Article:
Business Report: Rising inflation, moratorium on utility shut-offs, high cost of living in NJ

Prices for food, gas, rent, and vehicles are all rising

Chances are that your paycheck may not be keeping up with your bills, as the prices you pay for food, gas, rent, and vehicles are all rising. The government reported Thursday that inflation rose 5% in the past 12 months as of May. That is the biggest jump in inflation since 2008. Over the past year energy costs rose more than 28%. Food prices rose too, but only by about 2%. One area where prices actually declined was medical care.

Economists say wages may increase further, though, as companies could have to sweeten pay to fill open positions. And more people are coming off unemployment to snag those available jobs. New jobless claims have fallen for six straight weeks and are at a post-pandemic low.

State regulators are still working on ways to help utility customers pay their overdue bills. They’ve got some breathing room now that Gov. Phil Murphy extended the moratorium on utility shut-offs until Jan. 1. One item being discussed is expanding various assistance programs. The incoming president of PSE&G, Kim Hanemann, says the utility has been trying to get the word to its customers about help that’s available. PSE&G is a funder of NJ Spotlight News.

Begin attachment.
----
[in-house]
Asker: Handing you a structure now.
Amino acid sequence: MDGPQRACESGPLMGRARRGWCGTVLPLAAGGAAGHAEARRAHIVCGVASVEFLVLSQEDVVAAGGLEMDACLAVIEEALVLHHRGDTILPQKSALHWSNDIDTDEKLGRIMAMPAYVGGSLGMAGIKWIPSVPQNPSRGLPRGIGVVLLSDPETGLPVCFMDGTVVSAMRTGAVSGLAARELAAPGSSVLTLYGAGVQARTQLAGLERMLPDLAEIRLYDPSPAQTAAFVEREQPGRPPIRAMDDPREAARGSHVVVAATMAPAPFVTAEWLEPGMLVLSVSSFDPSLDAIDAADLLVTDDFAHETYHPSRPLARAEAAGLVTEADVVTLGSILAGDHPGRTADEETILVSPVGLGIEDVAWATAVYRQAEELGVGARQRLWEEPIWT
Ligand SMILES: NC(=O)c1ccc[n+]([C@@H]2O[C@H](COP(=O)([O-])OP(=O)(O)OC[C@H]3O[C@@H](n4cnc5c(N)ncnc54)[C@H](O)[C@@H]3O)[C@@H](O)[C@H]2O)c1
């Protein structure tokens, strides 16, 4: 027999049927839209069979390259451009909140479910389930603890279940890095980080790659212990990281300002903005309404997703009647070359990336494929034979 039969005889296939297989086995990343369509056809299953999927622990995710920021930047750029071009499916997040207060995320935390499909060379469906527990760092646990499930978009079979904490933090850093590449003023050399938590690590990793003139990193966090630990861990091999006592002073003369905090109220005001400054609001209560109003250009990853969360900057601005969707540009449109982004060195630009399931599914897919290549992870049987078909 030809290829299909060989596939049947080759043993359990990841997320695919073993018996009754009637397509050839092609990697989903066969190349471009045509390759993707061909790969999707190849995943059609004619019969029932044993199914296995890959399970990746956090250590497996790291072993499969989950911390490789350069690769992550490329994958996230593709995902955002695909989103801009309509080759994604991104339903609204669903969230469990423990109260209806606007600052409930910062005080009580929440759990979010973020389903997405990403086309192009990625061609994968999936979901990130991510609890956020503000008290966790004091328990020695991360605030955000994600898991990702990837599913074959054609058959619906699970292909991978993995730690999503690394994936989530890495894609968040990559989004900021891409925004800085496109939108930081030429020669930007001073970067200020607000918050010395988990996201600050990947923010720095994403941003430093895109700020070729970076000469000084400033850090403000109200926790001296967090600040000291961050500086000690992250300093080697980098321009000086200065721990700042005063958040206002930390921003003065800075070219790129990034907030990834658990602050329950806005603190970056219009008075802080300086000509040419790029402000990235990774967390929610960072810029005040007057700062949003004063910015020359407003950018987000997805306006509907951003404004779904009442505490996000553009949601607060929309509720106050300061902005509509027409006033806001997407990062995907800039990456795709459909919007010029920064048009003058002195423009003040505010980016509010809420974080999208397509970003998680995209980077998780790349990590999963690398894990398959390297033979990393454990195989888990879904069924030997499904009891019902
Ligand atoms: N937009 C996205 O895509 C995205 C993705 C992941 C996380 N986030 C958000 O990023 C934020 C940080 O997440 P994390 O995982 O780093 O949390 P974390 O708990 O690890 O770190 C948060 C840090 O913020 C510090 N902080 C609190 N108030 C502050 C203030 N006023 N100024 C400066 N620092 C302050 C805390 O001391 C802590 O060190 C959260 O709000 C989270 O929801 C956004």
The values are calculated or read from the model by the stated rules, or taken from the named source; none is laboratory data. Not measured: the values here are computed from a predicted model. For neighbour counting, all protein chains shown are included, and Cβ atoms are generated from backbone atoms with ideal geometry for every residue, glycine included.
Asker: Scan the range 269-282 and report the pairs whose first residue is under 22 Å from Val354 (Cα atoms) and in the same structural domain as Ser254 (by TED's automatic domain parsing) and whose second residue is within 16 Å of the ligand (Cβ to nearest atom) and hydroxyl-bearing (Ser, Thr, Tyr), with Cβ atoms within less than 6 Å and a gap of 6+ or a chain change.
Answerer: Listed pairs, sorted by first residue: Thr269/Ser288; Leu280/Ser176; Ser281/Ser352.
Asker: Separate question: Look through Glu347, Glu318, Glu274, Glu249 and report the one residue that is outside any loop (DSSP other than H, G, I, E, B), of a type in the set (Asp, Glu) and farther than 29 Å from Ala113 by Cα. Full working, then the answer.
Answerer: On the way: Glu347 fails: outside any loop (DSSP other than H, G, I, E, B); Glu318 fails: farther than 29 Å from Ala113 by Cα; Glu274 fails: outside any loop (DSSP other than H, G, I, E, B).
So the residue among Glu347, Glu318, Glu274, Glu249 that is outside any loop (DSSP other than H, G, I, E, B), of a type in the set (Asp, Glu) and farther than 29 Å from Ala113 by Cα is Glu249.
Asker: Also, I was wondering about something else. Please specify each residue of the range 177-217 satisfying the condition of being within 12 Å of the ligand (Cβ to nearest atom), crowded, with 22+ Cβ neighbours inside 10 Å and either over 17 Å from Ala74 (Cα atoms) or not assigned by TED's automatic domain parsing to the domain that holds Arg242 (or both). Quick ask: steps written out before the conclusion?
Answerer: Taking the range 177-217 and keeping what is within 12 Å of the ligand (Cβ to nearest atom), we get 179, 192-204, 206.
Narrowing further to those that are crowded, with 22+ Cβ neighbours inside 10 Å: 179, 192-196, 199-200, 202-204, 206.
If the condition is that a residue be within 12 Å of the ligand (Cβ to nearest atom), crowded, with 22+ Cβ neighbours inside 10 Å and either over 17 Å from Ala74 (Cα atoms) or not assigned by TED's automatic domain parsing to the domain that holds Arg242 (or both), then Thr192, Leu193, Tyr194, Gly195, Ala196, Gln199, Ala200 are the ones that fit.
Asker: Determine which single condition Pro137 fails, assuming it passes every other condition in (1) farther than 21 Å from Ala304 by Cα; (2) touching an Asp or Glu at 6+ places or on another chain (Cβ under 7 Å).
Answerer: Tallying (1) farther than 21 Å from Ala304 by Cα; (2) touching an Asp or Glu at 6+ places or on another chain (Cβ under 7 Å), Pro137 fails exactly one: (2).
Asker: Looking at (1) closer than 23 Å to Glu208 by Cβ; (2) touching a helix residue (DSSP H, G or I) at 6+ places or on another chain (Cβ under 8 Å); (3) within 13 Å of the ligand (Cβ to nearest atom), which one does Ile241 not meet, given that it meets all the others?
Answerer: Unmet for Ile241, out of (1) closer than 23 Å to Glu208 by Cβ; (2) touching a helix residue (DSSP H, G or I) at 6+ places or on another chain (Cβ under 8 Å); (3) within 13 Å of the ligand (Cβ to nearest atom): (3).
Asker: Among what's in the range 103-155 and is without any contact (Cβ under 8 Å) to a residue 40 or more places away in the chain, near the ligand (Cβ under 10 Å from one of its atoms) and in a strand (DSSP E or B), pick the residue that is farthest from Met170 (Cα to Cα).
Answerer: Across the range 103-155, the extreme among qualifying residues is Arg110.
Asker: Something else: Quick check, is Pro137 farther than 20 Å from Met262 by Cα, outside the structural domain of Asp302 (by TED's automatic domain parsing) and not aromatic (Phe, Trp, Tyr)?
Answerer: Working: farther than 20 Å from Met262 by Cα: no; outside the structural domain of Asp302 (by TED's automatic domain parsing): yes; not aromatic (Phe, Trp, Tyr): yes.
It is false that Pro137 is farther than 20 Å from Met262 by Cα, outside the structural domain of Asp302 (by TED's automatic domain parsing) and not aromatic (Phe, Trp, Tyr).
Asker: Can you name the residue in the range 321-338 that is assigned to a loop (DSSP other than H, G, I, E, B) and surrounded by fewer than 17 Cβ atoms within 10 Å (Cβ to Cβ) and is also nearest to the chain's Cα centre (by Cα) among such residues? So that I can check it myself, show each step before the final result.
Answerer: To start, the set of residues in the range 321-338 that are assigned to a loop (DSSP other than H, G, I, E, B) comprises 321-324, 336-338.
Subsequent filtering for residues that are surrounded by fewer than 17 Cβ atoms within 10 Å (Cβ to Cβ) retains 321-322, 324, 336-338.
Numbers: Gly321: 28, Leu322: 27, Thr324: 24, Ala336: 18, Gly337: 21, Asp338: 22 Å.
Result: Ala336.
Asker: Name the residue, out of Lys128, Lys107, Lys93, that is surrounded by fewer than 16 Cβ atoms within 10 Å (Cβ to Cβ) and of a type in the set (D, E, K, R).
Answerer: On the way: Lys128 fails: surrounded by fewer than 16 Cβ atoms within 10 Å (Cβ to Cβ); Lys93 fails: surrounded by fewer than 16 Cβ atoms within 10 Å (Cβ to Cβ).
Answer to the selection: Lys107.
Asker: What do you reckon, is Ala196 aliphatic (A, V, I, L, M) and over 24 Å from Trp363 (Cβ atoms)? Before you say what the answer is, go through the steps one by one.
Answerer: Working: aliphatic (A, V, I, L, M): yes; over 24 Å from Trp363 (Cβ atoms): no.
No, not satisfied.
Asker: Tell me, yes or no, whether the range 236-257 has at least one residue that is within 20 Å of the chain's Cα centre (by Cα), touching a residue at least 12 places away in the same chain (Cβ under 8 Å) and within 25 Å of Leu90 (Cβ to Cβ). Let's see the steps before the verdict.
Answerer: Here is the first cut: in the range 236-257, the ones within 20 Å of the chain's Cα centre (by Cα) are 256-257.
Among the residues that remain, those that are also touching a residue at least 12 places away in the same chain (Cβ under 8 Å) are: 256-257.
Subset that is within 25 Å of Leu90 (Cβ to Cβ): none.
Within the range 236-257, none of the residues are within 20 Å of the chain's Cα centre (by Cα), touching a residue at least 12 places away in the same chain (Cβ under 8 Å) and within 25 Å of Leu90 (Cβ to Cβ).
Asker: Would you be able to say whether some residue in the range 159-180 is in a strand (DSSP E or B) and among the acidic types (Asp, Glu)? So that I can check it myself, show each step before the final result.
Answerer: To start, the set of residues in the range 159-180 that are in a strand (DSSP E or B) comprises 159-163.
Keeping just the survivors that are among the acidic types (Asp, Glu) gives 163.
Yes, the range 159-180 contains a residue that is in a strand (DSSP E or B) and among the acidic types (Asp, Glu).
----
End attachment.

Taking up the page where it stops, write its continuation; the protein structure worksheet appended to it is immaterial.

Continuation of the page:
The high costs of living and working in New Jersey have prompted some of the state’s accountants to advise their clients to leave the state. A survey by the New Jersey Society of CPAs found that more than 50% of the accountants said they have advised an individual or business client to leave the state because it’s expensive. Almost 70% of the 440 accountants surveyed saw a decrease in the number of high-income clients who have residency in New Jersey.

New Jersey businesses and nonprofits that moved into a new space will receive priority for low-cost loans from the New Jersey Economic Development Authority. They can receive financing of up to $100,000. According to the EDA, the program is designed for those eligible businesses that were unable to receive other COVID-19 relief programs.

WATCH: Business Report: Details on campaign spending, Senate Republicans want changes to Gov. Murphy’s budget plan

MORE: Business Report: More state aid for businesses, why women are leaving the workforce, unfilled jobs at record high